Back to Skyward
The Golden Rule of Interoperability The Golden Rule of Interoperability

The Golden Rule of Interoperability

#Data
by Caroline Gilchrist
Caroline Gilchrist Caroline Gilchrist Golden Guru
Read time:

Chances are you’ve heard of the Golden Rule.

This maxim transcends culture and religion, delivering profound wisdom in a simple package: Treat others the way you want to be treated. We’ve repackaged that wisdom, formulating our own Golden Rule of Interoperability: Treat others’ data the way you’d want your data to be treated. 

Essentially that’s a philosophical way of saying data privacy is important and commands awareness and respect. Let’s take a look at how we can turn this new Golden Rule into action in order to protect the privacy of students. 

 

What is interoperability?  

To put it simply, interoperability is the ability of computer systems to inter-operate, or “talk” to one another and exchange information.  

Imagine a house with many rooms. Each room represents a computer system your district uses. When systems are not inter-operable, it’s as if all the doors are locked. No people—or in our case, information—can pass between the rooms. But with interoperability, the doors are unlocked and thrown wide, and information is free to move between the rooms. 

 

Interoperability and FERPA 

For many district employees, this flow of data is a lifesaver, significantly reducing data entry and administrative time. But it also means that those who handle data need to take even greater caution. It may be easy to import student data into, for instance, an intriguing new app or online learning program—but it’s important to think beyond what the app or program can offer to what the program is going to do with this data.  

FERPA, or the Family Education Rights and Privacy Act, is a law that protects the privacy rights of student education records. It states that schools have an obligation to protect student records and release them only in certain circumstances. School districts, then, must be very careful about what they do with that data.  

When you’re considering using some shiny new program, consider: Has it been vetted by your IT pros? Have you read the terms and conditions? I know, I know—who has time for terms and conditions, right? But this is no place to cut corners. That fine print may just reveal that this fantastic new program is going to share your student data with a third party. 

It’s all about awareness. Pay attention to where you’re allowing the data to flow. Don’t assume the best of new, techy tools; assume the worst until proven otherwise. 

 

Interoperability and security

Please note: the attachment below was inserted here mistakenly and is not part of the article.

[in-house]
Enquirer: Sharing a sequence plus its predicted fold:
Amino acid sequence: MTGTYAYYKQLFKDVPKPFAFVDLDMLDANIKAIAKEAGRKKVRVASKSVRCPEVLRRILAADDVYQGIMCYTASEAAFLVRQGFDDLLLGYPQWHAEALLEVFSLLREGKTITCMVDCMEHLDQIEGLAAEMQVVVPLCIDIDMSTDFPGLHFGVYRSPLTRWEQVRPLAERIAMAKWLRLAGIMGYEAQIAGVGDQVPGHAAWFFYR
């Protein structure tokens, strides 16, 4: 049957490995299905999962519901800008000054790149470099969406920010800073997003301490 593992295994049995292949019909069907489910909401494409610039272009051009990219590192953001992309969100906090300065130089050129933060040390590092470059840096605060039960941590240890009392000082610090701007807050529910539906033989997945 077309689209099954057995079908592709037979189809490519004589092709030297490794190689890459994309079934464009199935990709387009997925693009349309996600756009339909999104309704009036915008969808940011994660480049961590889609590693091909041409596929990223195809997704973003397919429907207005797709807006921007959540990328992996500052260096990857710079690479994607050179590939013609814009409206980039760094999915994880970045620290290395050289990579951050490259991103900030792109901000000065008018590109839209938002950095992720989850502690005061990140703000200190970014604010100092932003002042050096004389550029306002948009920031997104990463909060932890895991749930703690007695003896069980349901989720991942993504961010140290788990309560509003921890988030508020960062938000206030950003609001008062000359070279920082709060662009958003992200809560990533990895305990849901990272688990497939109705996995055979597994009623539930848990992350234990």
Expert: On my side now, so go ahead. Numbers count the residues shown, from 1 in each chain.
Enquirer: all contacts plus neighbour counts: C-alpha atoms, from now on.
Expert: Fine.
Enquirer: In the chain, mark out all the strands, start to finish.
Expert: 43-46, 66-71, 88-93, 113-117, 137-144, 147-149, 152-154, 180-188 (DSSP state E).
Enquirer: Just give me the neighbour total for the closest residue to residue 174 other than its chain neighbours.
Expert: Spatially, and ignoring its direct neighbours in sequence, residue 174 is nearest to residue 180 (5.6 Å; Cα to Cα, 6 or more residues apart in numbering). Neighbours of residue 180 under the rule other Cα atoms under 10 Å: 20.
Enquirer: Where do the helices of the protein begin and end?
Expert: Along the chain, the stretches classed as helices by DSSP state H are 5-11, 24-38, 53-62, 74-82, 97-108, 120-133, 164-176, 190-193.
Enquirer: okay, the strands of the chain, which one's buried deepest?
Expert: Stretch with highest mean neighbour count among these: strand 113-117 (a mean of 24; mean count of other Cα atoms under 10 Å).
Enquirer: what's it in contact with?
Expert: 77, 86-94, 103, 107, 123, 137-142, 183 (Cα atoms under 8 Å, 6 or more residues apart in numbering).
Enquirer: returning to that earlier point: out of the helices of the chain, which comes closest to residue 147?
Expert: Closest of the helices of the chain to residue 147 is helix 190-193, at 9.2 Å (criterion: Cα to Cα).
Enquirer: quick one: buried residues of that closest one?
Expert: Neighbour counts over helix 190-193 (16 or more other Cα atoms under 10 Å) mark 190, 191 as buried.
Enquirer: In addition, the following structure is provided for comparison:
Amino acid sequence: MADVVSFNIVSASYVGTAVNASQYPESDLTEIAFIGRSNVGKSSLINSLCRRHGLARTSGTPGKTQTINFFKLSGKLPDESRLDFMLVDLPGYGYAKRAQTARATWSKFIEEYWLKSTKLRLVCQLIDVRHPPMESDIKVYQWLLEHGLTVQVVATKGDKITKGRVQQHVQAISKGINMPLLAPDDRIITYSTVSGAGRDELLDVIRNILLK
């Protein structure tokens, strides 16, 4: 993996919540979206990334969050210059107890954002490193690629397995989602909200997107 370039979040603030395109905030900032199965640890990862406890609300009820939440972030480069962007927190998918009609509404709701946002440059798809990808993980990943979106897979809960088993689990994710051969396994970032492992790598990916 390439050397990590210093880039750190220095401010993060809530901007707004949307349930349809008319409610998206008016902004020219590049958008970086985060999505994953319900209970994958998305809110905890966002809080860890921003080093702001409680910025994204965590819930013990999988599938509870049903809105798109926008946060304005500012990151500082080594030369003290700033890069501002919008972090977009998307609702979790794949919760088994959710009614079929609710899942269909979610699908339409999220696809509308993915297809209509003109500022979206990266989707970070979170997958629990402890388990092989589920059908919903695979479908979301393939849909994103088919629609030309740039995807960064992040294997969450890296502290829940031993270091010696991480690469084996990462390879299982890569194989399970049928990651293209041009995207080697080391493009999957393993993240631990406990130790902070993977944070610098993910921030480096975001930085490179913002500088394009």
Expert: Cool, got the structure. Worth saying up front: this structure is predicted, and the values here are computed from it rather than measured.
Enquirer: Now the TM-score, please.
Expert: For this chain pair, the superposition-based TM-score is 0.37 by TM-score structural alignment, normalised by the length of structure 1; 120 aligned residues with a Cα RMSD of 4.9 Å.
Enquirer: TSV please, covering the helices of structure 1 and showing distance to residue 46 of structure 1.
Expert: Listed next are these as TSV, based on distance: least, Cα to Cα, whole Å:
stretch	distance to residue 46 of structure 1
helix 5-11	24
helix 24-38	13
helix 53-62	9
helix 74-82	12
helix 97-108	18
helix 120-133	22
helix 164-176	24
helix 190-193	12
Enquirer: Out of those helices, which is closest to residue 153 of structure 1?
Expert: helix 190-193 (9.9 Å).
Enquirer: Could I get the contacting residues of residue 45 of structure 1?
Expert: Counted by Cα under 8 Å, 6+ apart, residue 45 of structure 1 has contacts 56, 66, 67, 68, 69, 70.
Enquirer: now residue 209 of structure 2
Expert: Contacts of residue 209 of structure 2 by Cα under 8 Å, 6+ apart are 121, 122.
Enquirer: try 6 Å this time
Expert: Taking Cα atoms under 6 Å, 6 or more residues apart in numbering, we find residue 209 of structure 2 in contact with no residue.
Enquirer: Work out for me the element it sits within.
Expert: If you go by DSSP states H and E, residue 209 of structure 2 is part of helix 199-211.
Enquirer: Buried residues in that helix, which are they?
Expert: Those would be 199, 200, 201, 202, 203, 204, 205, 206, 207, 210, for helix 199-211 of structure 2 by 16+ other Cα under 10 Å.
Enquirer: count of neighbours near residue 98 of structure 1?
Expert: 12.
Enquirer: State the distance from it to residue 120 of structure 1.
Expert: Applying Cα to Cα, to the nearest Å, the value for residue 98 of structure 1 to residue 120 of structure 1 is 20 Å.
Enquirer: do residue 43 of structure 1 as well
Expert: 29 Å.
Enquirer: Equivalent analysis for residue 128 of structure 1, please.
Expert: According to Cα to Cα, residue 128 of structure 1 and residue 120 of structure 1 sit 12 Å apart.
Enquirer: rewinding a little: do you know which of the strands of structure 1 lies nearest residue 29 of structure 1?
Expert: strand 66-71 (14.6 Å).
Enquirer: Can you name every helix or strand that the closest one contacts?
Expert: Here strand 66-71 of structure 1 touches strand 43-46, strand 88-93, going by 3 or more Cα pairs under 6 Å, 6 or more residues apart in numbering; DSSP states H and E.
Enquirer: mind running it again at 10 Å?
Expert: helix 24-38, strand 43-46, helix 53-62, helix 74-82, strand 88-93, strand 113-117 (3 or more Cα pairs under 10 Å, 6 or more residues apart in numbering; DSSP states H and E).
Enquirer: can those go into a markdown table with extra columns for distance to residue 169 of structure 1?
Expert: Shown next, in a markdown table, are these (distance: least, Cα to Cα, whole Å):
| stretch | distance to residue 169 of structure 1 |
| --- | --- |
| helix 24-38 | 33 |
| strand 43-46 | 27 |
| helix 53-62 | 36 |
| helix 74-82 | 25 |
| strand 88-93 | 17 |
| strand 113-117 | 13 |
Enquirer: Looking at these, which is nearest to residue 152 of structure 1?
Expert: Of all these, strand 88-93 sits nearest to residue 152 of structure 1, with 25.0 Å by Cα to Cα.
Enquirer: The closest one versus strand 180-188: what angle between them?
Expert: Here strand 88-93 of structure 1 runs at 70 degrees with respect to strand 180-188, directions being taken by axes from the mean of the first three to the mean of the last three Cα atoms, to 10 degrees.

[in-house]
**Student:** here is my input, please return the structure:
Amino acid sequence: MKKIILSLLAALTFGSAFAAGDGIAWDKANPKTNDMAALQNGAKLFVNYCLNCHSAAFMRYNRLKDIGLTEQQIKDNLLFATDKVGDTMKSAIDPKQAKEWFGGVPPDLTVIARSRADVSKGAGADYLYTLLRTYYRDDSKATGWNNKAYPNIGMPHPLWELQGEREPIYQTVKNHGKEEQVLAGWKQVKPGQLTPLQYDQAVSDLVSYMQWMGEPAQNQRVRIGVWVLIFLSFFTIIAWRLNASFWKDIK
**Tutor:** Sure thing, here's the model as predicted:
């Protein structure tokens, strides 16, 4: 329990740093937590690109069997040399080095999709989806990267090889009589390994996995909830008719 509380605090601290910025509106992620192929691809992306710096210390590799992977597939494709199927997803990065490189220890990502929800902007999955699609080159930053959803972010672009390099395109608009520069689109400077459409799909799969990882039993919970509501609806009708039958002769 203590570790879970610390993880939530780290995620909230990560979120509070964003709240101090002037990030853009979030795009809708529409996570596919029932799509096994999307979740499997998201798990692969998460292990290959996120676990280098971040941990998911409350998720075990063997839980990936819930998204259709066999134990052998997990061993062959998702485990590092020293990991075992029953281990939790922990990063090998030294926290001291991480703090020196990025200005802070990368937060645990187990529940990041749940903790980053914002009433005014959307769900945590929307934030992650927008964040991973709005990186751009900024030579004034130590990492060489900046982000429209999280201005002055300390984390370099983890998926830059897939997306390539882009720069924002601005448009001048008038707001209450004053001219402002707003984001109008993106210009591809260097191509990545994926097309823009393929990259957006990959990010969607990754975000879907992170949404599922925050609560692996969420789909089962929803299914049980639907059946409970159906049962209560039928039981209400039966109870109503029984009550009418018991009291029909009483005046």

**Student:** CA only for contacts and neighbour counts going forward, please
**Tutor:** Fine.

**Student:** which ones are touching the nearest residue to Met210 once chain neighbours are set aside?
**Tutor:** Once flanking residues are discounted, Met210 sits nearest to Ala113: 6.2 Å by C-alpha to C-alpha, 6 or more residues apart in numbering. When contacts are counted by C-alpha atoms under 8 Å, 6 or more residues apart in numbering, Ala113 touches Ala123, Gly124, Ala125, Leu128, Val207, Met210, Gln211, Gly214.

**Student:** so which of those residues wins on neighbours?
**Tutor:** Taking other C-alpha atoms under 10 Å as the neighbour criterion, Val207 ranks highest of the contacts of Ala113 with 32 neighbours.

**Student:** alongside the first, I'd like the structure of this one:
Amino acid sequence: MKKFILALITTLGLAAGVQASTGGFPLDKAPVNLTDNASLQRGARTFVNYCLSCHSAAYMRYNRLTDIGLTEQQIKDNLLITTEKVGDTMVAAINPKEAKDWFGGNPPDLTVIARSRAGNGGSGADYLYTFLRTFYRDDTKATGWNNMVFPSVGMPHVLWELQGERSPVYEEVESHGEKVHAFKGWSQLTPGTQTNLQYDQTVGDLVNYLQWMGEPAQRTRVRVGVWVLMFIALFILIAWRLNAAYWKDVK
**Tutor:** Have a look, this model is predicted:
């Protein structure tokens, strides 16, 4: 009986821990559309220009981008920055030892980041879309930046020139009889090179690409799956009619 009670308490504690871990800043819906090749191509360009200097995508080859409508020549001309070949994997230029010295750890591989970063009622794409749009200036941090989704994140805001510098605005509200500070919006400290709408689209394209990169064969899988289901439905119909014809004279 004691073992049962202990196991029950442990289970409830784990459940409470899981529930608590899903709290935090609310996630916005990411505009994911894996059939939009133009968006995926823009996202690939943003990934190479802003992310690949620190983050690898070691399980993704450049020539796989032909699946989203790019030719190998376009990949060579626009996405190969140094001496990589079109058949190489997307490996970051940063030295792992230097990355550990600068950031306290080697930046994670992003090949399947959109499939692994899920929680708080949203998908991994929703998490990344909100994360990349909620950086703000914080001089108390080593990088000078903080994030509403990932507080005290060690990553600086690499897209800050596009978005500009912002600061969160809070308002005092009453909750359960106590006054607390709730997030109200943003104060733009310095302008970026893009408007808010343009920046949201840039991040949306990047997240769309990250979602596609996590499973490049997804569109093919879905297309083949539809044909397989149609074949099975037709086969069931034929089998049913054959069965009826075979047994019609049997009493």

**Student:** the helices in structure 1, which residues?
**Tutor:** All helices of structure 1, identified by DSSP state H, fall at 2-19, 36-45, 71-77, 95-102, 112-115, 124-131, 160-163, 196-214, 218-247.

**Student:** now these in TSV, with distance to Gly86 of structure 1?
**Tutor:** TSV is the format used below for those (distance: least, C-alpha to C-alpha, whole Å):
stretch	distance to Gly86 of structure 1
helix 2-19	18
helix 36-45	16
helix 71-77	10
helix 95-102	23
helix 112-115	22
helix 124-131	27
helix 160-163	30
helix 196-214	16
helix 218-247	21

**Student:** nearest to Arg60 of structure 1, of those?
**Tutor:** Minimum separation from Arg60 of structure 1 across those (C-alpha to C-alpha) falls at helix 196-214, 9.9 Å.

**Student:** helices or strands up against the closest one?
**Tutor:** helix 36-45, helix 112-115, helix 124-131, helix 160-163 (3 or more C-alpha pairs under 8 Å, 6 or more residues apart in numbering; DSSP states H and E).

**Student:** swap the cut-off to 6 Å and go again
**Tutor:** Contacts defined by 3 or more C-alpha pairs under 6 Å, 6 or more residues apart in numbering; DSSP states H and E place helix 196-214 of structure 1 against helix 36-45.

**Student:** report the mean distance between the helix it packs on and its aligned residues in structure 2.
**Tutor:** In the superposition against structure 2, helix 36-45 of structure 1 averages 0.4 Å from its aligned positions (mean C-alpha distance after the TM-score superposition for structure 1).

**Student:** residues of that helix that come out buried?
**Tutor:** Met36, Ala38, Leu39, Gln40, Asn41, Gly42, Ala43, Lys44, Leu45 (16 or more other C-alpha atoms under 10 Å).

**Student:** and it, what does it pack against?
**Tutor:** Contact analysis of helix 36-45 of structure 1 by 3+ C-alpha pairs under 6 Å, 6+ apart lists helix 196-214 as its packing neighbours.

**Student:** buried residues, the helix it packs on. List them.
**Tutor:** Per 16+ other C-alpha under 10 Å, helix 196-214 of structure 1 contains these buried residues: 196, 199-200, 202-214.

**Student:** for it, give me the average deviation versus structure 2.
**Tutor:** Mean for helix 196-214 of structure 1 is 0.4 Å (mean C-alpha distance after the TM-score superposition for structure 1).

It’s not always our own intentional decisions that can cause issues. An unfortunate side effect of interoperability is that when data is in more places, there are more opportunities to be hacked. Let’s return to that house metaphor. Each room (which represents a software system) has a window to the outside world that can be pried open by an intruder—or left ajar by a trusting household member. The more windows in the house, the better chance an intruder has at finding a way inside. 

Security is always important, but especially right now, as a lot of people are working remotely. There likely aren’t as many security measures within employees’ at-home networks as there are within the district’s, making it easier to break in. Hackers know this too—and trust me, they’re using it to their advantage. 

Make sure your district has implemented strong data security measures on all its devices. When transferring data, it should be through a secure means so the data can’t be intercepted. If you haven’t already, considering implementing a security team at your district. IT leaders are busy, and having a team dedicated solely to security will ensure it never gets pushed to the back burner.  

 

The bottom line 

There’s no question that interoperability is a good thing. But like many good things, it can lead to problems if not taken care of properly. So be sure to train employees to be mindful of data privacy and security practices and regularly update your security measures to keep data out of hackers’ greedy hands. Yes, this kind of diligence can be difficult, time-consuming, and expensive. But it’s so worth it. 

It all comes down to treating students’ data as if it were your own. Follow the Golden Rule of Interoperability, and you’ll be golden. 

 

Follow-up resources 

We’ve really only dipped our toes into the waters of interoperability. If you’re ready to cannonball, here are some other resources for you: 

Let’s Change the Integration Conversation 
Playing Nice: The EdTech Interoperability Landscape 
The 5-Step EdTech Integration Checklist 
FERPA and Your Student Information System 
Vetting Apps Across the District 
EdTech Playbook: Interoperability 
How Ed-Fi Standards Simplify Student Data Management 


 

Caroline Gilchrist Caroline Gilchrist Golden Guru
Share this story:


Share Facebook
Twitter
LinkedIn Email

Recent Articles

Midyear Check-In: 2020 Conversations
A year like none other. by Erin Werra
 
5 Budget Curveballs for 2020
Mission: Impossible just got more... impossible.  by Casey Thompson
 
What K12 Leaders Can Learn from Late Night TV
Night owls appreciate long-running hosts and a solid, familiar format. What can you learn from late night shows? by Erin Werra
 

Logo